This week on the Rundown:
Intel, Mozilla, and Creative Commons announced they have joined the Open COVID-19 Pledge, which provides free licenses for patents, copyrights, and certain other property rights to anyone developing technologies for the diagnosis, prevention, or treatment of COVID-19. The licenses is backdated, effective December 1, 2019, and runs until a year after the World Health Organizations declares the pandemic to be over. While the Pledge does not provide a specific license, rather providing guideancce and recommendation on terms, Creative Commons says it is working to create a framework that allows the development of diagnostic tools, treatment, and preventative solutions.
How do you stop Zoombombing?
Zoombombing, or joining public and private Zoom conferences uninvited to broadcast disruptive content saw several recent reactions. Several school districts, including New York City Department of Education and Clark County Public Schools in Nevada have banned teachers from using the platform as a result, while many others are reassessing its use and updating security practices. In a similar vein, Taiwan recently announced that it was forbidding government works from using Zoom, probably had something to do with the company admitting it ran some calls through China. Meanwhile the a press release on the US Department of Justice’s website warned that federal, state, and local law enforcement will pursue charges for Zoombombing, including for “disrupting a public meeting, computer intrusion, using a computer to commit a crime, hate crimes, fraud, or transmitting threatening communications.” To combat the practice, Zoom announced that as of April 5th, passwords will be required to enter calls by Meeting ID and turn on virtual waiting rooms by default so hosts can manually add call participants.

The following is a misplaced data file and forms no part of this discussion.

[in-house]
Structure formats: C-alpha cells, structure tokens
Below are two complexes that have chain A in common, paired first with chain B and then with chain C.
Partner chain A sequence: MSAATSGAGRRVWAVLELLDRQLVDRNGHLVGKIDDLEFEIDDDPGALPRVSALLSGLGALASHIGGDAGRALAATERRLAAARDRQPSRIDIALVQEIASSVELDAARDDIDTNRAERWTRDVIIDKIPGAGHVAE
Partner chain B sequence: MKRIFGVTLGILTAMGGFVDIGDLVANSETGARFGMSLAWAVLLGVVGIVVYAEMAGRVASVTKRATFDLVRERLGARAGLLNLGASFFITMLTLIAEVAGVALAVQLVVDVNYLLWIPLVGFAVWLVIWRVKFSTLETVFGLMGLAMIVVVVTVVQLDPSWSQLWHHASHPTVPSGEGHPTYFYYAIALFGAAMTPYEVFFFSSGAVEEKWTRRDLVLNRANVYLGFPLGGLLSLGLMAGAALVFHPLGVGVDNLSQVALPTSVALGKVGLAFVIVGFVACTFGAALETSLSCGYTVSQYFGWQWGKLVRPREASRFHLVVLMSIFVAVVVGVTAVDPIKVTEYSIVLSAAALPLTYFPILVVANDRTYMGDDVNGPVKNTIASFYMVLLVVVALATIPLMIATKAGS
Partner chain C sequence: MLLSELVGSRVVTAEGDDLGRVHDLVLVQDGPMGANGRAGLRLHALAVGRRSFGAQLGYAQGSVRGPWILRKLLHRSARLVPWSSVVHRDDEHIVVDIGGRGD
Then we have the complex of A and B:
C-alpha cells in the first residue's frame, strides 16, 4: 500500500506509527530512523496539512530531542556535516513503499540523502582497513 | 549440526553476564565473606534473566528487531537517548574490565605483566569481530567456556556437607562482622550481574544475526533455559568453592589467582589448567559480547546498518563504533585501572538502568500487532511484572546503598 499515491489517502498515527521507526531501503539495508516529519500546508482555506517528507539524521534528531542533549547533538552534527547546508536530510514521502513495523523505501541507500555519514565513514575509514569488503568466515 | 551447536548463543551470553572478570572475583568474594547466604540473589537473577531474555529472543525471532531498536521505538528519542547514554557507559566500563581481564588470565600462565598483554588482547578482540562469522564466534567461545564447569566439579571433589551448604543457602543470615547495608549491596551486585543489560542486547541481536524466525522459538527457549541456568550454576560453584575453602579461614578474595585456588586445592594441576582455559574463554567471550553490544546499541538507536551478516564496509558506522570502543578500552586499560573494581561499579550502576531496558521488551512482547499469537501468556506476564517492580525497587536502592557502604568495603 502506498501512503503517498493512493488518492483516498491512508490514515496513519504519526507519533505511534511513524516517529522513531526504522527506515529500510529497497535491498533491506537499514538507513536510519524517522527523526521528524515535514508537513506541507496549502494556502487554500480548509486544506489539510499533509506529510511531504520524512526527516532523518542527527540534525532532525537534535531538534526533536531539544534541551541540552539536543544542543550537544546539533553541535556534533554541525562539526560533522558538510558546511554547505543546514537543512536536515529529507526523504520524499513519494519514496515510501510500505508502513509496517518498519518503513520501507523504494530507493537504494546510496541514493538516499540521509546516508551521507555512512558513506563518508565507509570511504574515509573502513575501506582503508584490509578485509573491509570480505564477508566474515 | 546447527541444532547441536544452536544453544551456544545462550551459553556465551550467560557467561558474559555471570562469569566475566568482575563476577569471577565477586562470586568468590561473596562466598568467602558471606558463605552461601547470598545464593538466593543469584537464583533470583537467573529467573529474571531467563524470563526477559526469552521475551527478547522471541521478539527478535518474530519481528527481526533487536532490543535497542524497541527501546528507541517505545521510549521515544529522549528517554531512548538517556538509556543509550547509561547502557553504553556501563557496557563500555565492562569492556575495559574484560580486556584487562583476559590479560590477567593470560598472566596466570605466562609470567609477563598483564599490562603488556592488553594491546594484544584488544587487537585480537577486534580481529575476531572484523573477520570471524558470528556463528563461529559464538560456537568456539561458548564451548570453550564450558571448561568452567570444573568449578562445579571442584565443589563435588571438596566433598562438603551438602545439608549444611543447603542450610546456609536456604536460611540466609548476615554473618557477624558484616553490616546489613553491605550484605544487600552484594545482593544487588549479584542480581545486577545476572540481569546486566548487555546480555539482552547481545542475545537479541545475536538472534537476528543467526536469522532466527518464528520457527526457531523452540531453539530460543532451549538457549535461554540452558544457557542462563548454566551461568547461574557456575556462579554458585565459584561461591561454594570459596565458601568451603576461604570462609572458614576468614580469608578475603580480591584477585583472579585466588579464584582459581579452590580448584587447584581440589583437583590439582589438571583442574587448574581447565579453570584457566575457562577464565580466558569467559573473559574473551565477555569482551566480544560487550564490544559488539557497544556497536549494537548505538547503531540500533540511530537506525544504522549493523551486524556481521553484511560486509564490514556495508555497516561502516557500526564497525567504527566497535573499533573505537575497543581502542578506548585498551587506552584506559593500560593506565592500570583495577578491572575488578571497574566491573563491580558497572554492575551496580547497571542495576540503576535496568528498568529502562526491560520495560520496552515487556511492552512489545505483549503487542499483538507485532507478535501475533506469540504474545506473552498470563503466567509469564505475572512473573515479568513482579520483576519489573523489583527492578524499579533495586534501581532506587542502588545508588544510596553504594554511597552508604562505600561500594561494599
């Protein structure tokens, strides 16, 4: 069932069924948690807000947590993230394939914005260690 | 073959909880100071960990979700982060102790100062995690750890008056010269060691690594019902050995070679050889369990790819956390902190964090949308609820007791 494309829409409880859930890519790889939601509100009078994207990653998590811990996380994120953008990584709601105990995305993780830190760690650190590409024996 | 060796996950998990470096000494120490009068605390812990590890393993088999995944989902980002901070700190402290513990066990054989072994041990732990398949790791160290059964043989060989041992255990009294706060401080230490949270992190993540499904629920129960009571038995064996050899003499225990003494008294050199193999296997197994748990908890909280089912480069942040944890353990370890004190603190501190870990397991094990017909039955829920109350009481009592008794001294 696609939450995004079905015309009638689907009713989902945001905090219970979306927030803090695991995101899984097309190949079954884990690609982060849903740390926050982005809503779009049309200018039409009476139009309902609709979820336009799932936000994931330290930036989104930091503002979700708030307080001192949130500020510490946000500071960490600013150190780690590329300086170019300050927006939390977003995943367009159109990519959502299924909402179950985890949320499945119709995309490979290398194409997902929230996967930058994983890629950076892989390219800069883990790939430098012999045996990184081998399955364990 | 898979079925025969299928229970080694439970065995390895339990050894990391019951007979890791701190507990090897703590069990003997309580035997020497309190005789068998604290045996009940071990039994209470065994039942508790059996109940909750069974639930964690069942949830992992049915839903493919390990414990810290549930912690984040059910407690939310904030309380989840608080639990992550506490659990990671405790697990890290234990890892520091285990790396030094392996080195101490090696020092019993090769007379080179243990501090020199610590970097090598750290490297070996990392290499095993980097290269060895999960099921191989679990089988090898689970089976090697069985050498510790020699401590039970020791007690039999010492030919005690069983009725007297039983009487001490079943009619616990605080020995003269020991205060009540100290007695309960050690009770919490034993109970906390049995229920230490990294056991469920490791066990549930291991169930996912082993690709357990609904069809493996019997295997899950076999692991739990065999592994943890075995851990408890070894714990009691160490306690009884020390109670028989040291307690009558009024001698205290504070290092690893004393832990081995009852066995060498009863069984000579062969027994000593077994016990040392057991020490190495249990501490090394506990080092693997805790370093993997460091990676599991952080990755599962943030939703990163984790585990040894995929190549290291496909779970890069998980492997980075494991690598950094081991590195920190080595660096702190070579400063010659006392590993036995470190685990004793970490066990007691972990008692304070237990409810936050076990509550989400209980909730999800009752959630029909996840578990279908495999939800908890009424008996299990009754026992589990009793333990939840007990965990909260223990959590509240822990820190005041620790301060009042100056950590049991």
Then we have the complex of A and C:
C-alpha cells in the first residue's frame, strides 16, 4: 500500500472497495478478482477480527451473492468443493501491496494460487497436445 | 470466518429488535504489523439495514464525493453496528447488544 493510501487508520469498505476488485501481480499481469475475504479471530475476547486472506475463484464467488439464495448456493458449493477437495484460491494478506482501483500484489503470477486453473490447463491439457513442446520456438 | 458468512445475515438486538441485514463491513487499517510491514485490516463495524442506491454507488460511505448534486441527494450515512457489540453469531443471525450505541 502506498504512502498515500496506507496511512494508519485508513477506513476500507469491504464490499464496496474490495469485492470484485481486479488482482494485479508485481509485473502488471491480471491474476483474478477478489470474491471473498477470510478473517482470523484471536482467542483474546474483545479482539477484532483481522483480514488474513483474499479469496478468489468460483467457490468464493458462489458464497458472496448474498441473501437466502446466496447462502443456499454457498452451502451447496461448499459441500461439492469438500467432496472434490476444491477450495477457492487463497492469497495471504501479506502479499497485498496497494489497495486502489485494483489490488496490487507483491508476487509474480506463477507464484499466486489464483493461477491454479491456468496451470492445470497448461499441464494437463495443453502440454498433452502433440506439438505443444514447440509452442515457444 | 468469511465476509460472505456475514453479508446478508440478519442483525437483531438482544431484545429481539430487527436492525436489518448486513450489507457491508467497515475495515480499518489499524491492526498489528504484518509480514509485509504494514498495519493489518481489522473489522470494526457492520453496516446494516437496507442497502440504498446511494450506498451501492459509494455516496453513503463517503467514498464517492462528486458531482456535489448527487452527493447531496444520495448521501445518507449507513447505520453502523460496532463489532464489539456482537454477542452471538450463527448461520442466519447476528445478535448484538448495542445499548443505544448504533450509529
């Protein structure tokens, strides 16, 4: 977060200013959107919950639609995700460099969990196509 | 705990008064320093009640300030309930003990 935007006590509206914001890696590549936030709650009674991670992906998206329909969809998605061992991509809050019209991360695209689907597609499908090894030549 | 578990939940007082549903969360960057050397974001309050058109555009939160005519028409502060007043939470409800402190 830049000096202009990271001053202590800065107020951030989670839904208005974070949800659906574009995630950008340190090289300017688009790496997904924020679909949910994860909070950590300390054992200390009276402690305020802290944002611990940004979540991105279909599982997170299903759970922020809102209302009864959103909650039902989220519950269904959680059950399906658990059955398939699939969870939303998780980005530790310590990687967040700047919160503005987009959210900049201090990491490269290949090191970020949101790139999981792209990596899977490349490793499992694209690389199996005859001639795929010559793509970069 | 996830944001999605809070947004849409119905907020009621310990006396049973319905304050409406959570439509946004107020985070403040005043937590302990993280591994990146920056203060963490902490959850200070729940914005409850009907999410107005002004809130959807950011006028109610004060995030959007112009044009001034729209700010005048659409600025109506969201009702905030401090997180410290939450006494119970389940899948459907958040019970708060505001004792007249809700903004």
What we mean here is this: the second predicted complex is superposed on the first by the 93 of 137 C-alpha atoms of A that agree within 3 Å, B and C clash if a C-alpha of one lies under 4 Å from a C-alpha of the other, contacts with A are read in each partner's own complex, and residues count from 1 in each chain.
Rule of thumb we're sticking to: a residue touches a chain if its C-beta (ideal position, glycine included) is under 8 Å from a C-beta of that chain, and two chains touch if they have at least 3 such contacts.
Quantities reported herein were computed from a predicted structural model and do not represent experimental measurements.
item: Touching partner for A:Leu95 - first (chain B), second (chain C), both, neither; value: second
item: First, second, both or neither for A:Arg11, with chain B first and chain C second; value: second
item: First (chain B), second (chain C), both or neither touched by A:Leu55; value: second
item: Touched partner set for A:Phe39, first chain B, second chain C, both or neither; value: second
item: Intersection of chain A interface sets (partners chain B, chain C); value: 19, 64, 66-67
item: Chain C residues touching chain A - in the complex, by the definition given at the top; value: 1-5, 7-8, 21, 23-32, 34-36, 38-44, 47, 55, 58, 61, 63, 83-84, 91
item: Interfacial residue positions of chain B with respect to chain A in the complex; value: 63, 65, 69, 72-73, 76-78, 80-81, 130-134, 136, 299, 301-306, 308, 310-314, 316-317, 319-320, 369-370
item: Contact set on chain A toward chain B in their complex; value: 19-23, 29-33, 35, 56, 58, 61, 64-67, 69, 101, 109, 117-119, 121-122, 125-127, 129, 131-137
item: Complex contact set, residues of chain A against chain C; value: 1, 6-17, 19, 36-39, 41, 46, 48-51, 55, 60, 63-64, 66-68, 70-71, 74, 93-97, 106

The US Federal Communications Commission announced it will vote on a proposal to open the 6GHz band for unlicensed Wi-Fi use on April 23rd. This would provide more than twice the bandwidth as the 5GHz band, supporting up to seven 160MHz channels at once. FCC Chair Ajit Pai announced he approved the proposal last year, and the Wi-Fi Alliance announced the new Wi-Fi 6E designation for devies supporting the band in January.
The COVID-19 pandemic has had a big impact on how people are using the internet, and the industry is responding. Amazon, Google, Facebook, Microsoft, Akamai, Cloudflare and Netflix, among others, have signed up to the Mutually Agreed Norms for Routing Security or MANRS group, in an effort to shore up internet routing security. The group pushes for the use of filtering, anti-spoofing, and then coordination and validation to help reduce the ability to execute route leaks and other routing related exploits. Signing up means the companies will have their routing practices audited by the group, with occassional spot checks if there are reported issues.
The Gestalt IT Rundown is a live weekly look at the IT news of the week. It broadcasts live on YouTube every Wednesday at 12:30pm ET. Be sure to subscribe to Gestalt IT on YouTube for the show each week.
- How is COVID-19 Impacting Digital Transformation? | Gestalt IT Rundown: May 27, 2020 - May 27, 2020
- Checksum: Episode 3 – What’s Going on with the JEDI Contract? - May 25, 2020
- Catching Up On Microsoft Build 2020 | Gestalt IT Rundown: May 20, 2020 - May 20, 2020
- Checksum: Episode 2 – Is IoT Security a Nightmare? - May 18, 2020
- AWS Rolls Out Graviton2 M6g instances - May 18, 2020
- The Three Philosophies of SolarWinds APM - May 15, 2020
- Rubbing Salt In the Exploit - May 15, 2020
- Dell EMC Unifies Midrange Storage with PowerStore | Gestalt IT Rundown: May 13, 2020 - May 13, 2020
- Riverbed Wasn’t Built In a Day - May 12, 2020
- Checksum: Episode 1 – Why Did Nvidia Buy Mellanox? - May 11, 2020